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Washington’s Duke Ellington Jazz Festival kicks off each year with a private gala and concert for the sponsors and friends of the festival. Last night’s, held at the Inter-American Development Bank, was one act, scaled back from last year’s triple-bill spectacular. But its size was more than made up for by the quality of its performers: clarinetist Paquito d’Rivera (the festival’s musical director) and the Turtle Island String Quartet.
Though they’ve got the standard classical lineup—two violins, viola, and cello—the “Turtles” concentrate on more diverse, contemporary genres, primarily jazz. They began the concert with tunes from their Grammy-winning A Love Supreme: The Legacy of John Coltrane — starting with a sublime take on Coltrane‘s “Moment’s Notice” and capped off with a beautifully dissonant reading of Stanley Clarke‘s “Song to John” (with a lovely violin solo from Mads Tolling). Despite the repertoire, this prologue had a conservatory-like seriousness about it.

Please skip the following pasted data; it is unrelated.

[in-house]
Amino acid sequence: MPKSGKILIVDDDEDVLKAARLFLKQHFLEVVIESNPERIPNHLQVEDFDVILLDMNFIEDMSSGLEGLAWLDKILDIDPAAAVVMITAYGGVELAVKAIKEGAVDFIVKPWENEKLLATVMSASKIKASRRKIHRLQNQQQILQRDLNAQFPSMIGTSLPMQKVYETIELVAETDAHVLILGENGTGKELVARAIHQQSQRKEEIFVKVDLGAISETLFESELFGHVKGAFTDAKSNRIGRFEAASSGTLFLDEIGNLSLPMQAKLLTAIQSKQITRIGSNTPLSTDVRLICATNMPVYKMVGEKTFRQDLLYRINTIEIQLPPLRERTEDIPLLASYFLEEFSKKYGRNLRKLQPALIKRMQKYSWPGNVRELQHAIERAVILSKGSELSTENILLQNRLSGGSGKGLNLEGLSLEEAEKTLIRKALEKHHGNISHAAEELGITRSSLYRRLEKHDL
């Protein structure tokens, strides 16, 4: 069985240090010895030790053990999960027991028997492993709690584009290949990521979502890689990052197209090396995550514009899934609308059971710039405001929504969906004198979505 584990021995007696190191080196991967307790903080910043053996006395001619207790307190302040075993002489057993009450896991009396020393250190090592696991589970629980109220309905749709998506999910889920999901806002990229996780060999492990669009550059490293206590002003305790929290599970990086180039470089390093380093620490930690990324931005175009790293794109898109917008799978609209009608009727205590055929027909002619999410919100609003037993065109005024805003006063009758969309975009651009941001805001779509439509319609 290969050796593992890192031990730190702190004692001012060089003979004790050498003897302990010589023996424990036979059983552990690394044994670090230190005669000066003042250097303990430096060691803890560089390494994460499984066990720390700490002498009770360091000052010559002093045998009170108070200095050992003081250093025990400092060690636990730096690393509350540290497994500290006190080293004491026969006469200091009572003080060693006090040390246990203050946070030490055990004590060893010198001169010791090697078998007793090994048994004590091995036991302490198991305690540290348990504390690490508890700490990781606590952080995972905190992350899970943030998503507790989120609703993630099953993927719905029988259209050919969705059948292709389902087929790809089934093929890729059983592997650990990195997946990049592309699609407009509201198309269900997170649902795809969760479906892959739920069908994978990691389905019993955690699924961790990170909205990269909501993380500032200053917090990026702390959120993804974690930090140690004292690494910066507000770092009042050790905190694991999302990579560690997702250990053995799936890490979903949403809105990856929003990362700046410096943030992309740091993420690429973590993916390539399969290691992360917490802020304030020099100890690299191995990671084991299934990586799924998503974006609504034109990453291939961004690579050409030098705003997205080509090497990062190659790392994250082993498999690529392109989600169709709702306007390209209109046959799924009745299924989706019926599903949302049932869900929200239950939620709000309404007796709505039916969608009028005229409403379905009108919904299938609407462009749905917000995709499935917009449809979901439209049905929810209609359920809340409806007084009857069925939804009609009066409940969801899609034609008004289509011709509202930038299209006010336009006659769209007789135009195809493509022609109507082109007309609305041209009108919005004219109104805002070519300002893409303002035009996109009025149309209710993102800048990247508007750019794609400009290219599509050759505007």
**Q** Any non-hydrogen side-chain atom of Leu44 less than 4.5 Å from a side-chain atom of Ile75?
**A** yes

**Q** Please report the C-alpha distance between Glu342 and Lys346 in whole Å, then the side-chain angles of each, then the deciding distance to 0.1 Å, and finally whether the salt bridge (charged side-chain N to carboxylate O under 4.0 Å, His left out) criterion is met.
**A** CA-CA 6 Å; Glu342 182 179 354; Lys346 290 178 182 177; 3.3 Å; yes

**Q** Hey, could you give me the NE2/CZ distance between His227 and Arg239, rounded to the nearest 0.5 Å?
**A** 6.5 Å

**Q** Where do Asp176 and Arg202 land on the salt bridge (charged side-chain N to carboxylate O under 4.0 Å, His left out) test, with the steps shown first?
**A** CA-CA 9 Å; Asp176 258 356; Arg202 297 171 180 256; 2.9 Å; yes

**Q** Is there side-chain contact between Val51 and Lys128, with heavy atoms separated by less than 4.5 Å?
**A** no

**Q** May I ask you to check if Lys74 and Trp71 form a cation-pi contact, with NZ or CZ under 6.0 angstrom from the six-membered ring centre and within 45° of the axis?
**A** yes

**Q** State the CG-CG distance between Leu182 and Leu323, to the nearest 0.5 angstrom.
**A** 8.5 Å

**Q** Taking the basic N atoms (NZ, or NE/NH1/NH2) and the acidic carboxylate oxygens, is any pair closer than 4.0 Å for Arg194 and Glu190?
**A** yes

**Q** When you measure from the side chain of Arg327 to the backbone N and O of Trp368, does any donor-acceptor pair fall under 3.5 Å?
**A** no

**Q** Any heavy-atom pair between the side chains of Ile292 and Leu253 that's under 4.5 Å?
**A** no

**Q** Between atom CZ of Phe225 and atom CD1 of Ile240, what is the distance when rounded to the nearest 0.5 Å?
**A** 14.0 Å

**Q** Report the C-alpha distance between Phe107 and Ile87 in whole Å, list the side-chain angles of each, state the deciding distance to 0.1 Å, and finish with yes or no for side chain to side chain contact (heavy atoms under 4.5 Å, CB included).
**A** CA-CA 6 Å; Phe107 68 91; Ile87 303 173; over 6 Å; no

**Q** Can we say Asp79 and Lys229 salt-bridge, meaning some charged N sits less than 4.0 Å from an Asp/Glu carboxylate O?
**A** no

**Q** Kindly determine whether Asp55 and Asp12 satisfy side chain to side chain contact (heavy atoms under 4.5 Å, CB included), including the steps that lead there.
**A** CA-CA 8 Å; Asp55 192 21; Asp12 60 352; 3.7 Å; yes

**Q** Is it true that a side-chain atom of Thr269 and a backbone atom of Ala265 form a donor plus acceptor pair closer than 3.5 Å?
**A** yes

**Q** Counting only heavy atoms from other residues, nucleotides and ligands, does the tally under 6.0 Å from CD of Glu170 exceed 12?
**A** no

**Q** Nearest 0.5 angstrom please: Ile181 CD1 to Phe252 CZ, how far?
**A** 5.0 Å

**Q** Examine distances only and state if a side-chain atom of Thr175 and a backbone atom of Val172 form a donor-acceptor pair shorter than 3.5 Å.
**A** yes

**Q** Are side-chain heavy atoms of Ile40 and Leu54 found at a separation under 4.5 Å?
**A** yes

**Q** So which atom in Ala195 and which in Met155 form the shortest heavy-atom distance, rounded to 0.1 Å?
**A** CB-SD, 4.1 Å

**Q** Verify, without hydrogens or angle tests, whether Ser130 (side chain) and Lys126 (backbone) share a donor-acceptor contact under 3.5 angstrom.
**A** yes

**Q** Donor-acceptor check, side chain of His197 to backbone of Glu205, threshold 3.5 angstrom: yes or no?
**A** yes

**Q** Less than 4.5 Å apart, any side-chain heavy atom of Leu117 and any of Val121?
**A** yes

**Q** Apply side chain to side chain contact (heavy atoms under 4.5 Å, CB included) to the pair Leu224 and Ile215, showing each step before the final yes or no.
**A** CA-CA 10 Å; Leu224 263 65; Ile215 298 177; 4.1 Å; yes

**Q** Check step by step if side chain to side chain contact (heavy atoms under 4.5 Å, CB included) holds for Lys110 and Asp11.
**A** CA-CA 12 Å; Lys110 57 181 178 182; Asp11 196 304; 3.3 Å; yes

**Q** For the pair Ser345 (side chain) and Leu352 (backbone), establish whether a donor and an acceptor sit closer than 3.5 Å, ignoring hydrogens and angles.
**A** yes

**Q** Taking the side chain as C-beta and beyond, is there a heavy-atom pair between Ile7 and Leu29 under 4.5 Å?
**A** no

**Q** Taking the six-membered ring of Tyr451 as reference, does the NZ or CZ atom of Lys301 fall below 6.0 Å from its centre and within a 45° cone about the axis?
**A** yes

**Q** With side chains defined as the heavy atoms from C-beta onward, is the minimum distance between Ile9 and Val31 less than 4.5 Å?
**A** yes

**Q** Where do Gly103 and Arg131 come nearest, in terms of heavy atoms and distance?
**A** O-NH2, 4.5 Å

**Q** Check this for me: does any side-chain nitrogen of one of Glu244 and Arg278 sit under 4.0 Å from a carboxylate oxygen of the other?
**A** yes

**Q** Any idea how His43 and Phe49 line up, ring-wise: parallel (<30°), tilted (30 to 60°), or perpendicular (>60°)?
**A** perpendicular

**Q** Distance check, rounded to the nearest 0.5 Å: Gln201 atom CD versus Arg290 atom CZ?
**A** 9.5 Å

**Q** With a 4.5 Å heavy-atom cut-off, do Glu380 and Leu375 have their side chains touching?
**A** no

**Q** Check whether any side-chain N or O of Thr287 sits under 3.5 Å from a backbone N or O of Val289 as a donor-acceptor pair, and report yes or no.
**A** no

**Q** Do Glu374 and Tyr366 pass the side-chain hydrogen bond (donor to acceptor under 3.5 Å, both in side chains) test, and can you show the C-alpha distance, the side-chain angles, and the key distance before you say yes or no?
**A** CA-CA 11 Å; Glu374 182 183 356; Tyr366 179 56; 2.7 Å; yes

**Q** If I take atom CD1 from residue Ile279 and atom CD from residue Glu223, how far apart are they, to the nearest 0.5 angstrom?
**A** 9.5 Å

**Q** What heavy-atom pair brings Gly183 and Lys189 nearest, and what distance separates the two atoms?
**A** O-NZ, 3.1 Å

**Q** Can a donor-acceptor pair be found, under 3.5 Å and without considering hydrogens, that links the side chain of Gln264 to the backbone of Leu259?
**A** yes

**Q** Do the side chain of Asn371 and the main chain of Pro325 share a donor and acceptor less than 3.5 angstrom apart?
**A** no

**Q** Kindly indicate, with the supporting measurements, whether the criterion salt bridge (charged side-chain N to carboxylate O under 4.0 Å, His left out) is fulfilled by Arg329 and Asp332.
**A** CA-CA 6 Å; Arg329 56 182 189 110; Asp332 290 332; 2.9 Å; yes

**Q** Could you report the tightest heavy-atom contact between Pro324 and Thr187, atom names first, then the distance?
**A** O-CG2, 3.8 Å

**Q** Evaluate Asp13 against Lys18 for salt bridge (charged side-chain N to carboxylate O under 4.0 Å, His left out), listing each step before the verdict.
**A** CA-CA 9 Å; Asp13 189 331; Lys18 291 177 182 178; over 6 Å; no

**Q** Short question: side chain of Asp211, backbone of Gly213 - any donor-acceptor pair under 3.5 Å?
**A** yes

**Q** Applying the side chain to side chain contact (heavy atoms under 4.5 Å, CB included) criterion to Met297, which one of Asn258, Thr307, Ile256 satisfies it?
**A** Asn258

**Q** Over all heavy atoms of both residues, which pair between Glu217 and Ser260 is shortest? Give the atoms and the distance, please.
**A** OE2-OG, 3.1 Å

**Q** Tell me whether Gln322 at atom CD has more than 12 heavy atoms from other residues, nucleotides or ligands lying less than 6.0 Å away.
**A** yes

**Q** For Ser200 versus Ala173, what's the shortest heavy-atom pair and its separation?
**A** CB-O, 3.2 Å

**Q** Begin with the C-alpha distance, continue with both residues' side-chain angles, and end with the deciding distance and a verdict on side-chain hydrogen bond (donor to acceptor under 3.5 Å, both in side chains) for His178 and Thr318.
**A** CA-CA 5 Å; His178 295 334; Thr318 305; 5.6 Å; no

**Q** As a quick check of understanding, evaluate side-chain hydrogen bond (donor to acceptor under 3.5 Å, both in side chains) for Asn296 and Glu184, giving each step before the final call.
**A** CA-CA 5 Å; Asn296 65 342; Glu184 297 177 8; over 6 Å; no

Of course, that was all over the moment Paquito d’Rivera joined them onstage. Festival chair Charlie Fishman had noted in his introduction that he called d’Rivera “the Latin Dizzy Gillespie” for his clownish personality, and he played it to the hilt: “We started out as the Turtle Island Symphony Orchestra,” he told the audience after his first number. “This is what the Immigration Department has left us.”
Their set together was short, but magnificent. Highlights included a swooping arrangement of Frank Sinatra‘s setpiece “Angel Eyes”; “Wapango,” a piece Rivera wrote for the Quartet, here featuring a ukulele-like pizzicato break on Tolling’s violin; and a fun Gillespie tribute that centered on “A Night in Tunisia,” but had d’Rivera frequently inserting a riff from Dizzy’s bebop classic “Salt Peanuts” and demanding the audience give the vocal response. The performance set an incredibly high bar for the rest of the festival.
Fortunately, there are other opportunities to see Rivera perform this week. He’ll be sitting in with the Duke Ellington Orchestra at the NEA Jazz Masters concert at the Lincoln Theater Saturday night, and with Conrad Herwig‘s orchestra at the National Mall’s free concert on Sunday. (Full festival schedule is here.)